AND:

Tweet: #justiceforethan (tweetsheet is here; twitter handles are here), we are tweeting throughout the week but with a concentration on Thursdays until there is #justiceforethan: an independent investigation

Call the Department of Justice – (202) 307-5138

Tell them that you would like an independent investigation on the Robert “Ethan” Saylor case

change.org petition calling for an independent investigation: https://www.change.org/petitions/justice-for-robert-saylor

AND:

please read more posts as well as add your own if you have one/know of one:

The T21 Writer’s Alliance

More To Read:

A Step Backwards for Down syndrome Advocacy, by Down Wit Dat

What Happened, by Melissa Stoltz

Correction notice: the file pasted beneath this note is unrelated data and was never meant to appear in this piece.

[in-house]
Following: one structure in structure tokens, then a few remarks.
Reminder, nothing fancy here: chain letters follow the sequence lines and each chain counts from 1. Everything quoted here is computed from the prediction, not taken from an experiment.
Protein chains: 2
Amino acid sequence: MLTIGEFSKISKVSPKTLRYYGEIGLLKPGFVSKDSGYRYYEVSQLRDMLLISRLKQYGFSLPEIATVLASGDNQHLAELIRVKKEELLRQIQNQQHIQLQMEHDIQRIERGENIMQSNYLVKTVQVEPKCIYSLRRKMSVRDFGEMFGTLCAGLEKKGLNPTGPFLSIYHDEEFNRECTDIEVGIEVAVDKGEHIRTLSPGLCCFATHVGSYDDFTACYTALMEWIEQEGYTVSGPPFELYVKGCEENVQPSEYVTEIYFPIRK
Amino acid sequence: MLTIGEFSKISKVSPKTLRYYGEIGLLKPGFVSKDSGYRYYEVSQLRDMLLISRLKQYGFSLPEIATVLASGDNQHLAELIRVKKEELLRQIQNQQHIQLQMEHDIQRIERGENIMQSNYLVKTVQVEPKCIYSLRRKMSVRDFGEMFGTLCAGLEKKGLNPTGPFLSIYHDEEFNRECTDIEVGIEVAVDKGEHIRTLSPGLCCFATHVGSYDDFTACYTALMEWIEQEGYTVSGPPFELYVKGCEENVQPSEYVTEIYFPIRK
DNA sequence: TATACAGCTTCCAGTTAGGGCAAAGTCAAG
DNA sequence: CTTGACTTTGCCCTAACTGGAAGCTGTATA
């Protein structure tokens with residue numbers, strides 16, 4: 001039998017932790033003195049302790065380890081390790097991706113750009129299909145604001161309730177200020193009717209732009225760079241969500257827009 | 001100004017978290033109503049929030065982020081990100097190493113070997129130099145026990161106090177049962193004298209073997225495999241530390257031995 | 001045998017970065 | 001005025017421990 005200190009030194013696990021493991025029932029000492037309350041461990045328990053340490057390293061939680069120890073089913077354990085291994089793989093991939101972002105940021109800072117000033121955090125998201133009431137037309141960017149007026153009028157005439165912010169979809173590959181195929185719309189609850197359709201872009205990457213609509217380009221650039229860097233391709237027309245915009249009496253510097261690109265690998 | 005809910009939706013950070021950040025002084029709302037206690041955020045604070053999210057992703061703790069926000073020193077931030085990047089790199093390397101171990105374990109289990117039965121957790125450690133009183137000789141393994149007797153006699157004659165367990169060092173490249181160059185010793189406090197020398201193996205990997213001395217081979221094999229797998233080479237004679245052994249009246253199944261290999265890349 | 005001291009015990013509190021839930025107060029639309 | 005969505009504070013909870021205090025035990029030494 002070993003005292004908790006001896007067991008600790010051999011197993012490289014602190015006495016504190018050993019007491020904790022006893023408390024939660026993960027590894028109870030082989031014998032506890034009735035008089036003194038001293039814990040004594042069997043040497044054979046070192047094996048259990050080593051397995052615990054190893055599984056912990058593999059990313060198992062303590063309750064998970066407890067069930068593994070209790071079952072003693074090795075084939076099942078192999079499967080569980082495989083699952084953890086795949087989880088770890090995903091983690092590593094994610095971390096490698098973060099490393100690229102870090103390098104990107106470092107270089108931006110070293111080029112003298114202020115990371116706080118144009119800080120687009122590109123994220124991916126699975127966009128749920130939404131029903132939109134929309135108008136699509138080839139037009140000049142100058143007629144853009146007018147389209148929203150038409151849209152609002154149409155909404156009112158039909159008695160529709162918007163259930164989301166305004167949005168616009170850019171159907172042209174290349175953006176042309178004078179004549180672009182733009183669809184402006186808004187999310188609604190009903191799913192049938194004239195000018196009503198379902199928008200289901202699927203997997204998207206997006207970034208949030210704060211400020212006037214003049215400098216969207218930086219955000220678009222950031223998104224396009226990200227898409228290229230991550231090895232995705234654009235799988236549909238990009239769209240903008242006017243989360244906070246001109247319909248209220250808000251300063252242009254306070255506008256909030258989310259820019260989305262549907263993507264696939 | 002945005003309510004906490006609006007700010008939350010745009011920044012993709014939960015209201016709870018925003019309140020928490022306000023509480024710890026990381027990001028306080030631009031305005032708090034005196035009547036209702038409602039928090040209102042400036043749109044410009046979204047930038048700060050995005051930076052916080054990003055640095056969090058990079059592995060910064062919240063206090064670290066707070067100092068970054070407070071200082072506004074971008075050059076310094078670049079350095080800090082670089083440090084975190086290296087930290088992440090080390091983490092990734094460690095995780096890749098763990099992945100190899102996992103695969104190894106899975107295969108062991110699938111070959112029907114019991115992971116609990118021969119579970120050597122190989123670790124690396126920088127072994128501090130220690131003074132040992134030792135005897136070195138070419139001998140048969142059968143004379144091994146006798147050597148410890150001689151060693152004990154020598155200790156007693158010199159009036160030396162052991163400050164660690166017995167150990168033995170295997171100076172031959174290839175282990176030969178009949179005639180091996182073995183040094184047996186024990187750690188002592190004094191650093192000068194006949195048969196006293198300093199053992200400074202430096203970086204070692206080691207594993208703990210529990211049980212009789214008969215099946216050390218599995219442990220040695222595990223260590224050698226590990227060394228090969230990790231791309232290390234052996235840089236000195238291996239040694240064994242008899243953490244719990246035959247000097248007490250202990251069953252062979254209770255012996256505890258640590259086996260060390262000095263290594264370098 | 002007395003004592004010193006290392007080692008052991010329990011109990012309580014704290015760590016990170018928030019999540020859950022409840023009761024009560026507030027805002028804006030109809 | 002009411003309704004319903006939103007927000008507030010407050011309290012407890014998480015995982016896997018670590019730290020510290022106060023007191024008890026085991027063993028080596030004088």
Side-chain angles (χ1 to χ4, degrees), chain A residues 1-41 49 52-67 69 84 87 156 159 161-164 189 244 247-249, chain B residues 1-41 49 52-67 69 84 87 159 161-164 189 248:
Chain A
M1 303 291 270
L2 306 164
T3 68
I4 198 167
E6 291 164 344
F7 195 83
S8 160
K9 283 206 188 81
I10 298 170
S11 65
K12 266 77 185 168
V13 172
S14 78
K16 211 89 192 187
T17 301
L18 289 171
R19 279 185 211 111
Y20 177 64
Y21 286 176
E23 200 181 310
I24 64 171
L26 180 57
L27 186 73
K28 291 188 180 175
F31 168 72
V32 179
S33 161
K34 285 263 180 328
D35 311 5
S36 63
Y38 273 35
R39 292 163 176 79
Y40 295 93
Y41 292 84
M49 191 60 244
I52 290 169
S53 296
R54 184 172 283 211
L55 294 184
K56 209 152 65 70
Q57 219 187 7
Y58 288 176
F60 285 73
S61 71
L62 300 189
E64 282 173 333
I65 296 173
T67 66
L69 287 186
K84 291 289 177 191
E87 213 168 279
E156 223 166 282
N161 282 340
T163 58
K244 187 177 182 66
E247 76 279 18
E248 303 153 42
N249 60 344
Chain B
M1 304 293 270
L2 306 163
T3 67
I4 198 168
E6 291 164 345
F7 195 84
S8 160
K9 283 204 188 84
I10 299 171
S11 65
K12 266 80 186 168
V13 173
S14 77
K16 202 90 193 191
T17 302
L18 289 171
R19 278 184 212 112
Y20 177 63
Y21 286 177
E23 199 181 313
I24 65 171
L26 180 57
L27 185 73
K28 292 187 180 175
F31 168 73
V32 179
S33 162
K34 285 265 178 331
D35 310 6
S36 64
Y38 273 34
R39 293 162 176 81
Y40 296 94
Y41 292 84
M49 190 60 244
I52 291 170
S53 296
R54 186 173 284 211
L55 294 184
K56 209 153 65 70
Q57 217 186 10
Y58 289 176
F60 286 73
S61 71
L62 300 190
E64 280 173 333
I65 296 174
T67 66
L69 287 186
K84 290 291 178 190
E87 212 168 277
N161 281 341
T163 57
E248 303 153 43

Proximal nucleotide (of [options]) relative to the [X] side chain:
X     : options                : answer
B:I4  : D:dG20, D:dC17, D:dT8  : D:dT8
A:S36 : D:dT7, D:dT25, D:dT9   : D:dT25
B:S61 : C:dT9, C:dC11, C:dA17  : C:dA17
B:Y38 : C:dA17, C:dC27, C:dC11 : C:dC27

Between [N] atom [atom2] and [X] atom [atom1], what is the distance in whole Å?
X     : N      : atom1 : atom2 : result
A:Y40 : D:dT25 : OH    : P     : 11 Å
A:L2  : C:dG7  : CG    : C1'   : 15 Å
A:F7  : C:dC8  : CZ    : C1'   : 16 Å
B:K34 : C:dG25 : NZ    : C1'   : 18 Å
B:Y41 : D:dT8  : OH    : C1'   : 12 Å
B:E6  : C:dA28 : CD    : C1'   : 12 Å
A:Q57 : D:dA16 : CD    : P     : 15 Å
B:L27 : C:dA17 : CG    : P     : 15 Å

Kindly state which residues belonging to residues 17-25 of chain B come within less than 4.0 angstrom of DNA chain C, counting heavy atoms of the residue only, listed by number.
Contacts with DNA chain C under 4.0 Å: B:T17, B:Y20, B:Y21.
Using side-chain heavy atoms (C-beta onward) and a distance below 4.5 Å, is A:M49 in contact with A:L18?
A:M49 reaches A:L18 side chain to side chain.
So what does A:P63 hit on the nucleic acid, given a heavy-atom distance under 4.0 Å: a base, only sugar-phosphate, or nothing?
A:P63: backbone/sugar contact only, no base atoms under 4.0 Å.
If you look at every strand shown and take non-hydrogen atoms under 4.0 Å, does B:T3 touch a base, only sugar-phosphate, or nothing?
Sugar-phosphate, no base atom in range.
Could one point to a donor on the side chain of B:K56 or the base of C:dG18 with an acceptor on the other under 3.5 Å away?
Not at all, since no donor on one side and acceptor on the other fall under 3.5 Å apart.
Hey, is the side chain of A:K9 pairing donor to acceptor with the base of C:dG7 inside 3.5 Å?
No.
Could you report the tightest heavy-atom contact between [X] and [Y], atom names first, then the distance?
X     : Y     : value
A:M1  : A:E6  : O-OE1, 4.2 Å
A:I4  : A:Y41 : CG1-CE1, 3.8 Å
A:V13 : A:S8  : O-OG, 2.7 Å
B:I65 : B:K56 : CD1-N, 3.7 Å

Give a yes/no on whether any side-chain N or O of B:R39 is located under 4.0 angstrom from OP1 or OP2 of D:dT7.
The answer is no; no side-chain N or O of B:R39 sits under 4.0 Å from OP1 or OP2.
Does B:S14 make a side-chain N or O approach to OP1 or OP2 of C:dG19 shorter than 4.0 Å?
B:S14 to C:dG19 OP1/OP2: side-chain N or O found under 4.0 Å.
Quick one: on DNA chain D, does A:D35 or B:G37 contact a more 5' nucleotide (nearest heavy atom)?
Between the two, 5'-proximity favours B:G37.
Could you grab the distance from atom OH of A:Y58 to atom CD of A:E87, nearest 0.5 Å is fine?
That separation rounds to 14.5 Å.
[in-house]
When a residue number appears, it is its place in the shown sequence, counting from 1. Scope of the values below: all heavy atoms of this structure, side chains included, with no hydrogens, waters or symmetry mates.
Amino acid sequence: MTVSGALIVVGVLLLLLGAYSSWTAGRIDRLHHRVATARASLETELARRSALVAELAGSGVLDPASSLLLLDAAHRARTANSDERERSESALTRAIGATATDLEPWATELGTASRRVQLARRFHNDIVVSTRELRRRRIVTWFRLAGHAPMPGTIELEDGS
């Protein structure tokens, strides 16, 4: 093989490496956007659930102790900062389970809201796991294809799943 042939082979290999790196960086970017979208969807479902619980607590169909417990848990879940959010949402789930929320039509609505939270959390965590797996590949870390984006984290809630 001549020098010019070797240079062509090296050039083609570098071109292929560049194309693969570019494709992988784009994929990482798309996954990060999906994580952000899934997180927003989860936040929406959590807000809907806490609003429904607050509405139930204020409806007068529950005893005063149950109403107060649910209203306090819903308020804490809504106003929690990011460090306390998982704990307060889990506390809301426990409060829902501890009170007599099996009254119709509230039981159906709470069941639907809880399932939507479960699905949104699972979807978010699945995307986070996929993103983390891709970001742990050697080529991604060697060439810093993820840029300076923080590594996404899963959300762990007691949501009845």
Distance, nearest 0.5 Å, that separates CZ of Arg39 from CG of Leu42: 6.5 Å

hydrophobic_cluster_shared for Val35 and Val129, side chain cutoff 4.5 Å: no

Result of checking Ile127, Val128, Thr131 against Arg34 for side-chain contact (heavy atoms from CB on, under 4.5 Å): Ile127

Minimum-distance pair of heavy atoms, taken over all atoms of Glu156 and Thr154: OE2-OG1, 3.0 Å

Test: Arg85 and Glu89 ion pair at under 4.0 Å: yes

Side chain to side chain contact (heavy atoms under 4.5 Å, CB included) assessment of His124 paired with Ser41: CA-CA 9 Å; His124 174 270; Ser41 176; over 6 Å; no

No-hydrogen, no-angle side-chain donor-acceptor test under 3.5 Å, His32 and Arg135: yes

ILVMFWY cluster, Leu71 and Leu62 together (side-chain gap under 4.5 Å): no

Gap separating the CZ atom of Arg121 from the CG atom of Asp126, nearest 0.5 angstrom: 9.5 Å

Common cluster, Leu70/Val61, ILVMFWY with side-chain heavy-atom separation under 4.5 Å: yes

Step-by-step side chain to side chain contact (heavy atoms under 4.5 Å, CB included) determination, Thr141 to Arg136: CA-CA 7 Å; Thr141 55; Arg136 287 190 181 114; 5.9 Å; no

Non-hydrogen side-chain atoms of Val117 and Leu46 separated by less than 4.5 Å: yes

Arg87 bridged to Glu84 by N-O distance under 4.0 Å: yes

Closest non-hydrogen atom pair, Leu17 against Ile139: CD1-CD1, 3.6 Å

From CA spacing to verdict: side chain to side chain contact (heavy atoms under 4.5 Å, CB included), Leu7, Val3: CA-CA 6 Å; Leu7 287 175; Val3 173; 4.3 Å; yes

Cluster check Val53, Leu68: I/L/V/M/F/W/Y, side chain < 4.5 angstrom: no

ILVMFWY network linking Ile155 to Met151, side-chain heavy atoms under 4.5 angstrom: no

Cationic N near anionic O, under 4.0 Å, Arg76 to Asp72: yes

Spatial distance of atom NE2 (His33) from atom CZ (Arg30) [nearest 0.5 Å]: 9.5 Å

An Open Letter to NDSS & NDSC, by Melissa Stoltz

Ethan Saylor Homicide, by Bobby’s Mama (full of excellent questions)

photo 3

 

 

Meriah

is a deaf blogger, global nomad, tech-junkie, cat-lover, Trekkie, Celto-Teutonic-peasant-handed mom of 3 (one with Down syndrome and one gifted 2E).

She likes her coffee black and hot.


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8 Comments

  • Love that you are keeping this front and centre!

    Something went terribly wrong in this case, and it’s disturbing that we aren’t getting to the bottom of that.

  • Something really IS wrong. I don’t think it’s completely about the money. There is more. But I don’t know what it is. But money… I think it IS a factor.

  • I like your point that the most effective training would be disciplining the officers involved. Indeed, that would make headlines that would then seep into the subconscious across police departments, much more so than what would no doubt be training of inconsistent quality that many either would not attend or sleep through.